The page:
At a C-suite team meeting to discuss a new employee development program, the CFO turns to the CEO and asks: “What happens if we invest in developing our people and then they leave us?” To which the CEO quickly replies: “What happens if we don’t, and they stay?”
This CEO gets it. If you ever have any hesitation about spending time and money on an employee training program, ask yourself what will happen if you don’t train your employees? The effects are two-fold: First, the employees who are interested in professional development, aka the ones who are invested in their work and actually want to get better, leave. They’ll find a job at a different company, where there is more opportunity for growth. Second, the employees who stay become disengaged and consistently underperform. They don’t have the skills, nor the drive, necessary to be a top performer and so will be just fine with being just fine. Your company will consist of low performing employees who are only interested in skating by.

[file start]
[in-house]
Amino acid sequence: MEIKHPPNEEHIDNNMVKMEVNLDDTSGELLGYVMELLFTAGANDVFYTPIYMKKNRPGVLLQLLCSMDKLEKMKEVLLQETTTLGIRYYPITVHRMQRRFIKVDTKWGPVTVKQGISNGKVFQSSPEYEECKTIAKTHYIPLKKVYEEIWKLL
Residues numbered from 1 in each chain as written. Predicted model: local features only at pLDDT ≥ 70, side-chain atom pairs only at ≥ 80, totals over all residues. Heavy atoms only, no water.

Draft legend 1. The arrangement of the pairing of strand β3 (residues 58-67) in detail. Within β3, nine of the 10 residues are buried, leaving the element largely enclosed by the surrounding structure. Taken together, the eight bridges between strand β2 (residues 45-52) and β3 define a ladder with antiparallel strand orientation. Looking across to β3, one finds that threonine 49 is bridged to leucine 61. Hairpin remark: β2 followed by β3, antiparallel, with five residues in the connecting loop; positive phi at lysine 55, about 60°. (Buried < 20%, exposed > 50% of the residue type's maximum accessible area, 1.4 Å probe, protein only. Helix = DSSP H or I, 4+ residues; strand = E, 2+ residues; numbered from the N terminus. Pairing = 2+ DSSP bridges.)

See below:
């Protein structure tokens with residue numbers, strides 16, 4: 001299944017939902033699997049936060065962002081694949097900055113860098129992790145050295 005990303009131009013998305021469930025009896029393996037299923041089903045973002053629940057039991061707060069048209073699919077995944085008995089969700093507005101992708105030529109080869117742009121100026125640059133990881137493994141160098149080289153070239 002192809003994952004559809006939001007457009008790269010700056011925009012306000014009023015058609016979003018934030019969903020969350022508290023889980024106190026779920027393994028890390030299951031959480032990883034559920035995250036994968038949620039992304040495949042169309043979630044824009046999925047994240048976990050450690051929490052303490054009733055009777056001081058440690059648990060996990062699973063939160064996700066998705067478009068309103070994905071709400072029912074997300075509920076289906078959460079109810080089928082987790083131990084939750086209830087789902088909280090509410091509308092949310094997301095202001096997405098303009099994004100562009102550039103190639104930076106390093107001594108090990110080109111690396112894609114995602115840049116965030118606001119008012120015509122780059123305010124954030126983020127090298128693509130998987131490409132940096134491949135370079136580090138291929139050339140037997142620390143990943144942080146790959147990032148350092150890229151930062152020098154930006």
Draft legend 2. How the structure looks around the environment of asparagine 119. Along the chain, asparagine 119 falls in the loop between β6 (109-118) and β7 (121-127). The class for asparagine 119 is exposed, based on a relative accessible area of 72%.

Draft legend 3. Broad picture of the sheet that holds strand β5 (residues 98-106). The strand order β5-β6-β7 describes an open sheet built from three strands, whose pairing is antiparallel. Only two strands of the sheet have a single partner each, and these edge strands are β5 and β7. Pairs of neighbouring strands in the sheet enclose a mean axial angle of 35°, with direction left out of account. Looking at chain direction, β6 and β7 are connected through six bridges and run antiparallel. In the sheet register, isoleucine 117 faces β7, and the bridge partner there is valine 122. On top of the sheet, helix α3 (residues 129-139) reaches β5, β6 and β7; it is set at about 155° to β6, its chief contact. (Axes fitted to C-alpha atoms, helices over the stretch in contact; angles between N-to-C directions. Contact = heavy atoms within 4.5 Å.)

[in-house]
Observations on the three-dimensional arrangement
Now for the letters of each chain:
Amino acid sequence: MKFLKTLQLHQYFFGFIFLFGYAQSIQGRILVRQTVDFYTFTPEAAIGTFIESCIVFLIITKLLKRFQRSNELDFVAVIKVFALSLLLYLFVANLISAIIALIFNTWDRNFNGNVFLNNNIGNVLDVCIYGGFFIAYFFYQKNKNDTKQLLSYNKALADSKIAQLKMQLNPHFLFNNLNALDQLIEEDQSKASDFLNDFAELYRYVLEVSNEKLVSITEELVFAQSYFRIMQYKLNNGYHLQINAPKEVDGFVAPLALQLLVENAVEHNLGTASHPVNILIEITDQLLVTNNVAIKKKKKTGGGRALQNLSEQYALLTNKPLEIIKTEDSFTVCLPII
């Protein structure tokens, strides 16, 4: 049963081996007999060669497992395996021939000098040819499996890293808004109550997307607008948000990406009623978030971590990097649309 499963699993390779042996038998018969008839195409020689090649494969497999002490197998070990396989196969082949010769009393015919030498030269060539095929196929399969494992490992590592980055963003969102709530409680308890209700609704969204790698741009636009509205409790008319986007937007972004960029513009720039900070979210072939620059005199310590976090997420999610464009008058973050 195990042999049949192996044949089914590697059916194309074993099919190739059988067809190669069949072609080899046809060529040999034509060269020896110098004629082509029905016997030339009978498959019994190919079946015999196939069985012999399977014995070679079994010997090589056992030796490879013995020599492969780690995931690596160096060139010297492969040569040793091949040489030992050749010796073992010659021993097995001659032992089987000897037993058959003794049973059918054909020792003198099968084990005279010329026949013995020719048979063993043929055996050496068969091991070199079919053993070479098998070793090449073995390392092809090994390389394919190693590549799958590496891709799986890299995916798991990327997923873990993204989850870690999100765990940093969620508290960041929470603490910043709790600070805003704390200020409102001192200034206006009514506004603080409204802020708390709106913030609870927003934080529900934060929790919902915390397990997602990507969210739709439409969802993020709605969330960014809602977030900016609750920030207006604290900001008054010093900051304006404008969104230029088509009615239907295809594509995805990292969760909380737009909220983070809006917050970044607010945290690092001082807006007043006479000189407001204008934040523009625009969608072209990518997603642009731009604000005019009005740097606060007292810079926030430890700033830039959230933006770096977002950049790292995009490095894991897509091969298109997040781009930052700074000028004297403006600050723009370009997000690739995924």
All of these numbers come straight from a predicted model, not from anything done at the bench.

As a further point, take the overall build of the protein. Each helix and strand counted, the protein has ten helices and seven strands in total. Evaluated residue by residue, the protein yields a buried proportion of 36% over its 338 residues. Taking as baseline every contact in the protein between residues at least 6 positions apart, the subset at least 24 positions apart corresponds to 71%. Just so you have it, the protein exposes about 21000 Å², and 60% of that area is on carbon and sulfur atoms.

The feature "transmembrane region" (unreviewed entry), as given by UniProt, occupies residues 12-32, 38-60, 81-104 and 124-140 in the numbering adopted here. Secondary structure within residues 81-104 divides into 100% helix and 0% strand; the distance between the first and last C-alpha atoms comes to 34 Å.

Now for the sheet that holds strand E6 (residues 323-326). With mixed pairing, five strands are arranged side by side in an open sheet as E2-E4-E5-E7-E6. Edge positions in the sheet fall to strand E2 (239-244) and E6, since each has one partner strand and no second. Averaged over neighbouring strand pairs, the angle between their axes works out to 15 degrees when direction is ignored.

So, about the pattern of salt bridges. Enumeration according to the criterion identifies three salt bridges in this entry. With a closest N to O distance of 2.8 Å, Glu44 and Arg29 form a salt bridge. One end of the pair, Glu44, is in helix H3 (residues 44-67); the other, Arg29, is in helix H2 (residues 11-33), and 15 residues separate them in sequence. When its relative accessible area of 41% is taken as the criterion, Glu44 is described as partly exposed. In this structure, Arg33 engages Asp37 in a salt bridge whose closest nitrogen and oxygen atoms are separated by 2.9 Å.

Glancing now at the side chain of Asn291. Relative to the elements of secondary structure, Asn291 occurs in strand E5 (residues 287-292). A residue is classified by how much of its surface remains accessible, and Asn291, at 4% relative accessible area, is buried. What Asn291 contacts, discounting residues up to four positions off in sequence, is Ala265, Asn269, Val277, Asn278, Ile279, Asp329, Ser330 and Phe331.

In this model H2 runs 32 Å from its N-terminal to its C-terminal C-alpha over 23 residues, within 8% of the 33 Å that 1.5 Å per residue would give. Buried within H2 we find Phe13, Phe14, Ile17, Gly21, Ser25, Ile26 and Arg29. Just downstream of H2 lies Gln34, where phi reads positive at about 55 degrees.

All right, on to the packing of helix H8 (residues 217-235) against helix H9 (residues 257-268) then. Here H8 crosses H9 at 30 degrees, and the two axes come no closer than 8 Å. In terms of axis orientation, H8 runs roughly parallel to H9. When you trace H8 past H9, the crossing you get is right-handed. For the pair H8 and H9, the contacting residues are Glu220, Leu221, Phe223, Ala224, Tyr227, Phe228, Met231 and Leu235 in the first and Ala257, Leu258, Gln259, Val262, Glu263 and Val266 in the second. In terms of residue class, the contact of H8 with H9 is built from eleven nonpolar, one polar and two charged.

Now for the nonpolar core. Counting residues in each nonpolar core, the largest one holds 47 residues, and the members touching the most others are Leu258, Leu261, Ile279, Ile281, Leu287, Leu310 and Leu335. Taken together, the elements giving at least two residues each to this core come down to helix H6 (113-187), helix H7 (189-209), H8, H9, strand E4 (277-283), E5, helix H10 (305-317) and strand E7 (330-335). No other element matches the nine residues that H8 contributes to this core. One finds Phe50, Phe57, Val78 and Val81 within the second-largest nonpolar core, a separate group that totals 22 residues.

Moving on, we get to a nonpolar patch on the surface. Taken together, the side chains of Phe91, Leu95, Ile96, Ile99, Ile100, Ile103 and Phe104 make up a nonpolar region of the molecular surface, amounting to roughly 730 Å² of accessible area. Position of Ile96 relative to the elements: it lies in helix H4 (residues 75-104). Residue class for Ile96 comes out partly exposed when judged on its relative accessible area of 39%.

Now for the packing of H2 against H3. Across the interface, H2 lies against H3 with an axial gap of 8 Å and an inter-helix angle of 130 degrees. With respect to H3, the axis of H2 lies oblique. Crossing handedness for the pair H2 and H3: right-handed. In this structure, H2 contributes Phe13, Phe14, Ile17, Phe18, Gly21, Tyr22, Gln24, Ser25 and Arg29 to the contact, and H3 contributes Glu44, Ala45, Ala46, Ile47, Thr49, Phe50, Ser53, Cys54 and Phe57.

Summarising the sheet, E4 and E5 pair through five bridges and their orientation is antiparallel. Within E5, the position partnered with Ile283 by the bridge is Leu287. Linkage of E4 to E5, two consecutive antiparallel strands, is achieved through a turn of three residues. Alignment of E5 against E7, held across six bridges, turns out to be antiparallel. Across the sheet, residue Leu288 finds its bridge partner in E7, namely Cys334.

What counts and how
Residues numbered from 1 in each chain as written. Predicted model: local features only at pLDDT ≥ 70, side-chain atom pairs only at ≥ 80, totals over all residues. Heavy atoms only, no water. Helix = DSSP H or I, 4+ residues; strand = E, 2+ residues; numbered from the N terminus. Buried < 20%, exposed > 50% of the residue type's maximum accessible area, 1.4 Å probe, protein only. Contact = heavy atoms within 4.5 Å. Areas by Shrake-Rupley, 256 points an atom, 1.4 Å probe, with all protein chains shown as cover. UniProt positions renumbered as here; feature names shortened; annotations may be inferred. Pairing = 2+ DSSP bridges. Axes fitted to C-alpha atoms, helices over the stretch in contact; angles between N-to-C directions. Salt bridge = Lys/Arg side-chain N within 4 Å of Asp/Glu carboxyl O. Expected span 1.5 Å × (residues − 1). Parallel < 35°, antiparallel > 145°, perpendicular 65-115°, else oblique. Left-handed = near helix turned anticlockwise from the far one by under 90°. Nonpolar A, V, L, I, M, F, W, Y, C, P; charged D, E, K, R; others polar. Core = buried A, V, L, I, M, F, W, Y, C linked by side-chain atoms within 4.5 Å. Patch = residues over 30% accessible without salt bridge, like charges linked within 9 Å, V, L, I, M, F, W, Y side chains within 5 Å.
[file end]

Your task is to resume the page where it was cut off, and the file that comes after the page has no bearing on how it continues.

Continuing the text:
If, as a company, you’re not investing your time and energy into helping your people reach their full potential, why would they want to help the company reach its full potential? How can you expect your employees to get better at their jobs if you’re not helping them learn and grow?
Professional development and continuous learning should be a company standard. Make sure everyone knows it is a priority, for every role. Employees should be offered opportunities to hone and improve their skills on a regular basis. The skills most important to the employee’s role should be developed first and foremost, but, if the employee so chooses, they should also be able to develop skills outside of what their role requires. By offering these training programs, you demonstrate your willingness to invest in your employees on a personal level. Employees will feel empowered to improve themselves and their careers. They will be more engaged, productive and loyal because of it.